Dark Ecology: Race, Gender & the Environment

English 252 @ Hunter College



The Most Magical Place on Earth

I’m going to start this off by saying, I don’t get out much. I’m not really one for leaving the comfort of my room, so I don’t have all that much experience with nature. If you asked me about video games, I’d be here all day talking. I digress. 

Last year, it was sometime in July, I believe, I went to Florida with my family. Now, this in and of itself doesn’t seem all that impressive, but the last time I had been to Florida I was, maybe, 11 years old or so. Pretty big jump from being a 23 year old. I remembered nothing from my previous journey, so this would be a whole new adventure, which excited me further than just the initial, “we’re going to Disneyland!” 

Our first real day at Mickey Mouse’s home was spent in Epcot, which is seriously one of the most impressive theme parks without any real rides. I’m sure you’re reading this and asking, “what does Epcot have to do with nature?” Well, not only is Epcot filled with cultural experiences, it also had many unexpected nature attractions.

Now, if you know me, you know I have a very short attention span. So, while my cousins argued over which country to visit first – Japan or Mexico – I was observing my surroundings. First off – huge place. You don’t know where to look first. I am particularly fond of animals, so I always look for water, because where there’s water, there’s birds. And birds lead to all kinds of little woodland creatures, and who better to foster woodland babies than Disney? 

There were tons and tons of ducks, and I watched them swim about, not paying any mind to the enormous amounts of people around them. It was quite beautiful, really. Imagine not caring about anything but the direction you’re heading in. 

Other than visiting Japan, watching the ducks was probably the highlight of the day for me. It made me wonder if anyone else had taken the time to even notice them. Had it only been me that cared enough to stop and watch them for a while? Probably not, but nature sometimes is a shared experience, and sometimes you just go it alone. I prefer to be by myself, but I feel that at a place as big as Epcot, or even Disneyland itself, even a solitary experience is shared with everyone around you. 

Sarah Lamonica 

Insights from Mother Nature

It was a breezy, Spring day. Roaming around with my lover amongst trees, birds and fresh air. We had been walking for the past 30 minutes and I felt my heart beat slowly increasing. We knew where we were going and we couldn’t wait to get there. The water fall at the Botanical Gardens. It had pretty much become our backyard. Our favorite place within the whole garden. We walked, we climbed, we laughed and we embraced. The fresh air kissed our face. By the time we made it, I felt a weight on my shoulders. A sense of heaviness… I was exhausted. It was about 10:30 in the morning and I hadn’t had any breakfast. Perhaps my energy was depleted. As I sat on the bench, admiring the water fall while observing the tree bunches move to the hidden waves of the wind,  I couldn’t tell what was wrong with me.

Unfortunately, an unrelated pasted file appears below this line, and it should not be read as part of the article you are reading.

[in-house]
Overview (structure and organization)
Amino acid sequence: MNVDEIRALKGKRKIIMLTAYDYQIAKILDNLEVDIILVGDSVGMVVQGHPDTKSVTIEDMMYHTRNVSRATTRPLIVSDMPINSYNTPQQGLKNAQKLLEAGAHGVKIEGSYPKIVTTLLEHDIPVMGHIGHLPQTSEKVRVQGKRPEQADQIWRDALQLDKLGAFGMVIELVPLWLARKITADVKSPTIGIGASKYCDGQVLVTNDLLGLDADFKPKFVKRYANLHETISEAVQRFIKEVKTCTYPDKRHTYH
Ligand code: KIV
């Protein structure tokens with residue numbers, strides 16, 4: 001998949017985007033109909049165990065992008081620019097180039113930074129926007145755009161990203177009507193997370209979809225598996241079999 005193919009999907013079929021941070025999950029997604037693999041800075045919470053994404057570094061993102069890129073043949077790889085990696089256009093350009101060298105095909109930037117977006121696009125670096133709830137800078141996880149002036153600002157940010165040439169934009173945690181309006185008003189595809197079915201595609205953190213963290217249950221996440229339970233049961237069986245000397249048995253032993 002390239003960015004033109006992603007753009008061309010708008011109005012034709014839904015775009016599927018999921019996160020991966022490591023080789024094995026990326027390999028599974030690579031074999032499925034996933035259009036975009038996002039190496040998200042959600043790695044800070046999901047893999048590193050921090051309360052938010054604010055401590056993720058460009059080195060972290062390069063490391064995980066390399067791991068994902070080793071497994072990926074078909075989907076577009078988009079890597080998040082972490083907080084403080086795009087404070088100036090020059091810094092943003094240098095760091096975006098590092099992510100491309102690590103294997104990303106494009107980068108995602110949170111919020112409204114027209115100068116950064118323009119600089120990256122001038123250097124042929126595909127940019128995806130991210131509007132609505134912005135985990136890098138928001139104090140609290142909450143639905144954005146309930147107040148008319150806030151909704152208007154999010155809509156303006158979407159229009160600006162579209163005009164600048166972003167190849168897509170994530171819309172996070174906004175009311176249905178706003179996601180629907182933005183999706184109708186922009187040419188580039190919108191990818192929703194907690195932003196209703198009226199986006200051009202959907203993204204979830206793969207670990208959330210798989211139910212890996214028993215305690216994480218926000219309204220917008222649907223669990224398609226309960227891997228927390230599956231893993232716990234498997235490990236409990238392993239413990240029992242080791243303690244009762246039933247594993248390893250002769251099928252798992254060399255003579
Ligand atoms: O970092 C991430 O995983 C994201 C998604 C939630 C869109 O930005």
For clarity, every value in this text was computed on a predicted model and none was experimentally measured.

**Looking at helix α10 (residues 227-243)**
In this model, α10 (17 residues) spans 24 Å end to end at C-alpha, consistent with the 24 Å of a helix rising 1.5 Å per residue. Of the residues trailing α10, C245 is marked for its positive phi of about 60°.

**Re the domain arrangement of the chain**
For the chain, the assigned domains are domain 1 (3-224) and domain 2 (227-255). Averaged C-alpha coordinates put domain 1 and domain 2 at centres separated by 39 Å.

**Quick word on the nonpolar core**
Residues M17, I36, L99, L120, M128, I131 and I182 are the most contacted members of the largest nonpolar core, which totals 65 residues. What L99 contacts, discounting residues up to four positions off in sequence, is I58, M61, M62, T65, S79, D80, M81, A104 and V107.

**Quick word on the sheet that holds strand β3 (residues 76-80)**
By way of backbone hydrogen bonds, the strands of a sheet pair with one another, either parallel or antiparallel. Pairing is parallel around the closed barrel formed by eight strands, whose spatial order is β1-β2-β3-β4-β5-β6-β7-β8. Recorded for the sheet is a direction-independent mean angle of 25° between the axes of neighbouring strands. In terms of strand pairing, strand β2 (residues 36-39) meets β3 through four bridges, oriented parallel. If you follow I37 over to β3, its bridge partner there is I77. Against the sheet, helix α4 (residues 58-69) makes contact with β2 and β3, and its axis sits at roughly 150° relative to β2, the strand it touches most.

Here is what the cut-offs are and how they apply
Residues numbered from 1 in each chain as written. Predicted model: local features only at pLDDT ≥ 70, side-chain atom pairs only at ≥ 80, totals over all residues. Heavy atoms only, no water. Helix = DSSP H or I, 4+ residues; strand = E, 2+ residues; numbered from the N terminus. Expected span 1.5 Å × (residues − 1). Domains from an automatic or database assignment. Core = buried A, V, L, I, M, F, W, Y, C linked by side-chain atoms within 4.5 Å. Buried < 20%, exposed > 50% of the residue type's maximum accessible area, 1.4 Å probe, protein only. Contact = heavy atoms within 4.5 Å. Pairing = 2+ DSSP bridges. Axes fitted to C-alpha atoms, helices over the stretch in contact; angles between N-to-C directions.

After a few minutes of subtle discomfort, my partner handed me a peeled tangerine. I began savoring a piece I had removed from the bunch. The flavors bursted in my mouth and in my body. My senses began to heighten and my vision became more clear. Life was being given to me in that moment. As I ate more, I felt myself becoming more alive through my mind, body and spirit. It’s a feeling that was truly unexplainable, however it made sense in every way. In that moment, I understood a truth I had never grasped before. The divine connection. The feedback loop of giving and receiving. The ubiquitous duality that resides in all things. I understood nature in a way I never had before. I felt alive, connected and exactly where I was supposed to be in that moment within the infinite universe. The chirping birds sang as I listened. They fed my ears and soul. All motion being experienced through my senses were pure bliss. I reflected, and as I did, I felt like an animal, in its natural habitat. Before the city, before the artificial noise, before the destruction. This was my home. And in that moment, there was nothing more important. The magical insight given to me, left me with intense awe. This was more than just a nourishing fruit, more than just sightseeing. This was life, youthfulness, joy and gratitude. I knew I was healing. Nature had kissed me with its Universal Intelligence and I was present to receive it.

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